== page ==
My result: Post-Moderns13% of the publicI make tests/rubrics and teach how to pass tests. The proper answer in this case is subjective and is what you consider the most correct answer of the two to be. Prof J: then neither would be the most correct choice.Usually on a multiple choice test, a correct answer in the first part of the test is early such as A or B; however, the most correct answer is later on such as C, D, or E. The second half of the test is often the other way around to fool those looking for patterns. Either way, you don't stop looking after you find one correct answer because there can be a better one. If you don't know the answer, you eliminate everything you know to be wrong and make an educated guess of what is left.
Ditto on quitting due to limiting responses.
It should be called the False Dilemma Political Identity Quiz.I'm surprised they didn't have the classic "does the 2nd Amendment guarantee your right to keep and bear arms?"
Correctly pegged me as closest to libertarian, though I'm really an anarcho-capitalist, which is probably too fringe to be on their quiz. ;)
I'm also frustrated by this quiz. Too many questions of the form "(A and B) or (C and D)" where my true belief is (A and D). The choices are so stereotypical that I ended up just choosing the ones I knew would give me the stereotype I already identify as (and it worked).
The actual descriptions of political groups were very interesting.The questions gave two nonexclusive, non-covering radical opinions.I came out not with the name tag I use, but with a description close to mine. However this is much better than a three-question test.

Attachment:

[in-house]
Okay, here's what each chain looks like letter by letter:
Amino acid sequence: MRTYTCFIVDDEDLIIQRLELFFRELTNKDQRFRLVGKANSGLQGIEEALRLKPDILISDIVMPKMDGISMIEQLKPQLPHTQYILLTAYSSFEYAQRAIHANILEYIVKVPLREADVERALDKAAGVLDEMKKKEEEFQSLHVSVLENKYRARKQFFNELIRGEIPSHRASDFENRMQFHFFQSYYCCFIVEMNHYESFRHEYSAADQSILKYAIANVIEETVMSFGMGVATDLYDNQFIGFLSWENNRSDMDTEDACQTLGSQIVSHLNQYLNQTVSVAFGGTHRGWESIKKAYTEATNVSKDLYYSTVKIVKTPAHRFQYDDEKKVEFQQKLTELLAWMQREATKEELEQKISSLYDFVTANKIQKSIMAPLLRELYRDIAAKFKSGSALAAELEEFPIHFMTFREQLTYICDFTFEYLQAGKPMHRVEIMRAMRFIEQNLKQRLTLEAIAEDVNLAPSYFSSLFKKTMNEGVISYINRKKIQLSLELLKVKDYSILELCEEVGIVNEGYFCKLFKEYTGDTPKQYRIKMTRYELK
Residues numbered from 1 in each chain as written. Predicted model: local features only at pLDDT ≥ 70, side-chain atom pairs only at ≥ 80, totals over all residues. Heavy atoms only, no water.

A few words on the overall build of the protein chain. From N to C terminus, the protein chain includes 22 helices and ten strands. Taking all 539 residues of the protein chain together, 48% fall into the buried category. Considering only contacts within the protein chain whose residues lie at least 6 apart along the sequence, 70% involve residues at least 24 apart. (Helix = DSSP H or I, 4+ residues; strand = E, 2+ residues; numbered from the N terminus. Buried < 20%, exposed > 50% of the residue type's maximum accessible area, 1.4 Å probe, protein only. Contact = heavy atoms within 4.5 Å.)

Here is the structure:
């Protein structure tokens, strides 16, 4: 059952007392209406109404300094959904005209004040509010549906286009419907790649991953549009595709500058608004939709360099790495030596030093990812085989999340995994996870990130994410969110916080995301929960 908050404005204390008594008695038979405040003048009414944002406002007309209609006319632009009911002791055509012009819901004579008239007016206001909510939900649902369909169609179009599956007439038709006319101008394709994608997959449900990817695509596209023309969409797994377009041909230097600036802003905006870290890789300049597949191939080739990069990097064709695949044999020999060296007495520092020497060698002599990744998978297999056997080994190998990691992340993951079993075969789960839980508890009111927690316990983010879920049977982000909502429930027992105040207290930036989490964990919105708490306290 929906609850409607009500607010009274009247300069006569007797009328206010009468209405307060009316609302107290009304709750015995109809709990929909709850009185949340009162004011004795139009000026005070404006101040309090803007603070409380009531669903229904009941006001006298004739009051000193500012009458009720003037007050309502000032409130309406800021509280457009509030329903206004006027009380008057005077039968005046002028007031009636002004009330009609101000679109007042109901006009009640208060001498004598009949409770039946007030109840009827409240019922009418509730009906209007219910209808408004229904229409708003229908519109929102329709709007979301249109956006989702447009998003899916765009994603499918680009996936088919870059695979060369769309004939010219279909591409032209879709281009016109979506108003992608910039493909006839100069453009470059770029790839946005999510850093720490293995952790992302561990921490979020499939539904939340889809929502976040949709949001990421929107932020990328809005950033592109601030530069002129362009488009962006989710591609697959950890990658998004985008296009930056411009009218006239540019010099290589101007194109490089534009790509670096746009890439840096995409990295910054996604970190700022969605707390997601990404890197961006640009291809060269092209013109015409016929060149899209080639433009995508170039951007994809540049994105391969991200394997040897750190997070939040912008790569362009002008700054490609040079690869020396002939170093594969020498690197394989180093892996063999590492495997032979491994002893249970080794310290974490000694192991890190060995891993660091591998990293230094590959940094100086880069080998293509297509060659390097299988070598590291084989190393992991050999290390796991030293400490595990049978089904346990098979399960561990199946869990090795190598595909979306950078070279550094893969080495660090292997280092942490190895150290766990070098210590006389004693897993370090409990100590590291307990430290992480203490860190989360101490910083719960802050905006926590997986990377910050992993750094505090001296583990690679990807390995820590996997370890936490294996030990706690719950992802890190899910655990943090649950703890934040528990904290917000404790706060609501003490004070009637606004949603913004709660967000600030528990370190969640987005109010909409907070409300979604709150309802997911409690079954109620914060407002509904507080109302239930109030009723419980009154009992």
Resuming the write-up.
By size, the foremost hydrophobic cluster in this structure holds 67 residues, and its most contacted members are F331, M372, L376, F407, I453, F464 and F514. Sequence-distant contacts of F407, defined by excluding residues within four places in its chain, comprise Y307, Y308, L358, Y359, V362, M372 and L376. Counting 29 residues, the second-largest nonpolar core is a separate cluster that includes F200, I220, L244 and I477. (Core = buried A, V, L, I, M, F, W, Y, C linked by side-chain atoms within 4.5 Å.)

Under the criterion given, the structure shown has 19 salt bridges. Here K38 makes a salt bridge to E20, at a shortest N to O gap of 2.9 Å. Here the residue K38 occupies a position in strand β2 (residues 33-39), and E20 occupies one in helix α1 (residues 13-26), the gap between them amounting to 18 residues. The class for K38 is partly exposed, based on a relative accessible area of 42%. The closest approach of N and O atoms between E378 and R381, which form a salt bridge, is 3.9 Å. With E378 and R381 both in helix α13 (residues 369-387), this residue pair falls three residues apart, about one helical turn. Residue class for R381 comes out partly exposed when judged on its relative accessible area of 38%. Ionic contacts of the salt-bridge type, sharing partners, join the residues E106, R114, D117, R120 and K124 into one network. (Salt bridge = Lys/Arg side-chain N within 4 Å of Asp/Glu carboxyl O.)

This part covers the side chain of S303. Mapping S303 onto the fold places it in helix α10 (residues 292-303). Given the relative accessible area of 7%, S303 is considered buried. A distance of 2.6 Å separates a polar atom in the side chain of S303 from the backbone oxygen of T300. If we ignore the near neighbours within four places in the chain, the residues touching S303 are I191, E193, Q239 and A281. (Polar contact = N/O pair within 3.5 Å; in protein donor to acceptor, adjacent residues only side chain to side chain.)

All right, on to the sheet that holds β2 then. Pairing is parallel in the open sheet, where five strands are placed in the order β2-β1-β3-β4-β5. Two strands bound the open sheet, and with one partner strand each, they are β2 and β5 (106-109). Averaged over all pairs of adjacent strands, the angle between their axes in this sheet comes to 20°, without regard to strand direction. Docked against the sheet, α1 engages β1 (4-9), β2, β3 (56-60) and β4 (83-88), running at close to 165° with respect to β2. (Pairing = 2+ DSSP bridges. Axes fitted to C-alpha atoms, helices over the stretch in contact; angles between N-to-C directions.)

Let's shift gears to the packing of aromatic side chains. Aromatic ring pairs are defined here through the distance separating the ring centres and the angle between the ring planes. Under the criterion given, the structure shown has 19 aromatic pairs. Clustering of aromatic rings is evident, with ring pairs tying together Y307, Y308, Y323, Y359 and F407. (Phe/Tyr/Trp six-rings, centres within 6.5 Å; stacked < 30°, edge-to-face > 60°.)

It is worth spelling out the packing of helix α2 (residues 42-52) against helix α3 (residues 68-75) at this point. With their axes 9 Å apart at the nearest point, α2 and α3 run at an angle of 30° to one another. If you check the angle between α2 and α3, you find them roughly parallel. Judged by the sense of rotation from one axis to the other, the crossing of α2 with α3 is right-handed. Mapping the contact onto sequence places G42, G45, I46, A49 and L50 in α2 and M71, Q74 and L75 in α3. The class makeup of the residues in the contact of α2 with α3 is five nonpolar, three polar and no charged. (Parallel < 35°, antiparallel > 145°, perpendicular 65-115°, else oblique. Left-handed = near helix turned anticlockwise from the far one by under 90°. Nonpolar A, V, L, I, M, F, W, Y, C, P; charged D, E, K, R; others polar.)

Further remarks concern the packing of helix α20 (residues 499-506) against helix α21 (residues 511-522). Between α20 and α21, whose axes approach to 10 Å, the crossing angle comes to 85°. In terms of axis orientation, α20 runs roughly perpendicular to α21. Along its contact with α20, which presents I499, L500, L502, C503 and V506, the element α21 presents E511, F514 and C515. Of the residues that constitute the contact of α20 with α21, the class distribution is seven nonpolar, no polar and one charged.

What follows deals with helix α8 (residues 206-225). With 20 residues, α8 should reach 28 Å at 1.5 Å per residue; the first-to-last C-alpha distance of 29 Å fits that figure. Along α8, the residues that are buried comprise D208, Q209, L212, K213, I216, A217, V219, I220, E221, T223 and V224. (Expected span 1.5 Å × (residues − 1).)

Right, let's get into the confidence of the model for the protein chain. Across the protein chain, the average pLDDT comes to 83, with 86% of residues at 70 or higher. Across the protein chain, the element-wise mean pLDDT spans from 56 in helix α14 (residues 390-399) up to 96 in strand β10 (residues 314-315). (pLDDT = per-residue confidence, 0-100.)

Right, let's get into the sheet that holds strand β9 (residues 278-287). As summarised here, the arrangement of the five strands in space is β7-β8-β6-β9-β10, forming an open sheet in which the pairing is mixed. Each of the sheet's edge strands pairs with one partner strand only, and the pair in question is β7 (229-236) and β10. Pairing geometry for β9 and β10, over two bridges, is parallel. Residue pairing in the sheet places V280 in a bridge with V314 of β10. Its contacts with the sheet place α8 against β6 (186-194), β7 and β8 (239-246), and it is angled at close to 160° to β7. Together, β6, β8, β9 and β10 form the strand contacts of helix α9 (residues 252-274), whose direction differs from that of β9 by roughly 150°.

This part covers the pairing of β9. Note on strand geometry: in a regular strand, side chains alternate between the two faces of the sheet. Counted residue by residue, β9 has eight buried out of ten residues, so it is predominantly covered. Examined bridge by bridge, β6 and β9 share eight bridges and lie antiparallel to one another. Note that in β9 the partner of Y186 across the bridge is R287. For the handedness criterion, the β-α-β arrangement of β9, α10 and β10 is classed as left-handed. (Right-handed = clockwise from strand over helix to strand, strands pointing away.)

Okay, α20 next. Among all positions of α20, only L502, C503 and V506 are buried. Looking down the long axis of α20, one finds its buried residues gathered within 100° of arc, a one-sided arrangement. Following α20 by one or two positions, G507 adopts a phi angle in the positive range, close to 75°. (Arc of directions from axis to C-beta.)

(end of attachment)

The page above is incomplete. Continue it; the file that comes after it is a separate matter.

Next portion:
The question on homosexuality is too black and white. After listening to conservatives like Dennis Prager and Michael Medved, I agree it should be treated neutrally.
well.. there seems to be a little bit of " don't ask me questions about my opinion - as a way to calibrate where I am on the political spectrum".I don't really have a problem with it especially if one has taken more than one of these; the results usually fall within an expected range.I've never taken two of these and had them classify me at opposite ends of the political spectrum.I found MOST of the questions on this particular one to be fairly straight-forward in terms of trying to ascertain if one was a social and/or fiscal conservative - or not and whether one believes the govt has a role in these issues - or not.There ARE some folks that defy simplistic categorizing... but for myself - I find contradictory positions revealing and perhaps sometimes betraying conflicts within the individual.That's not a bad thing if you're still evolving and calibrating who you are - and are not.
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Dr. Mark J. Perry is a professor of economics and finance in the School of Management at the Flint campus of the University of Michigan.
Perry holds two graduate degrees in economics (M.A. and Ph.D.) from George Mason University near Washington, D.C. In addition, he holds an MBA degree in finance from the Curtis L. Carlson School of Management at the University of Minnesota. In addition to a faculty appointment at the University of Michigan-Flint, Perry is also a visiting scholar at The American Enterprise Institute in Washington, D.C.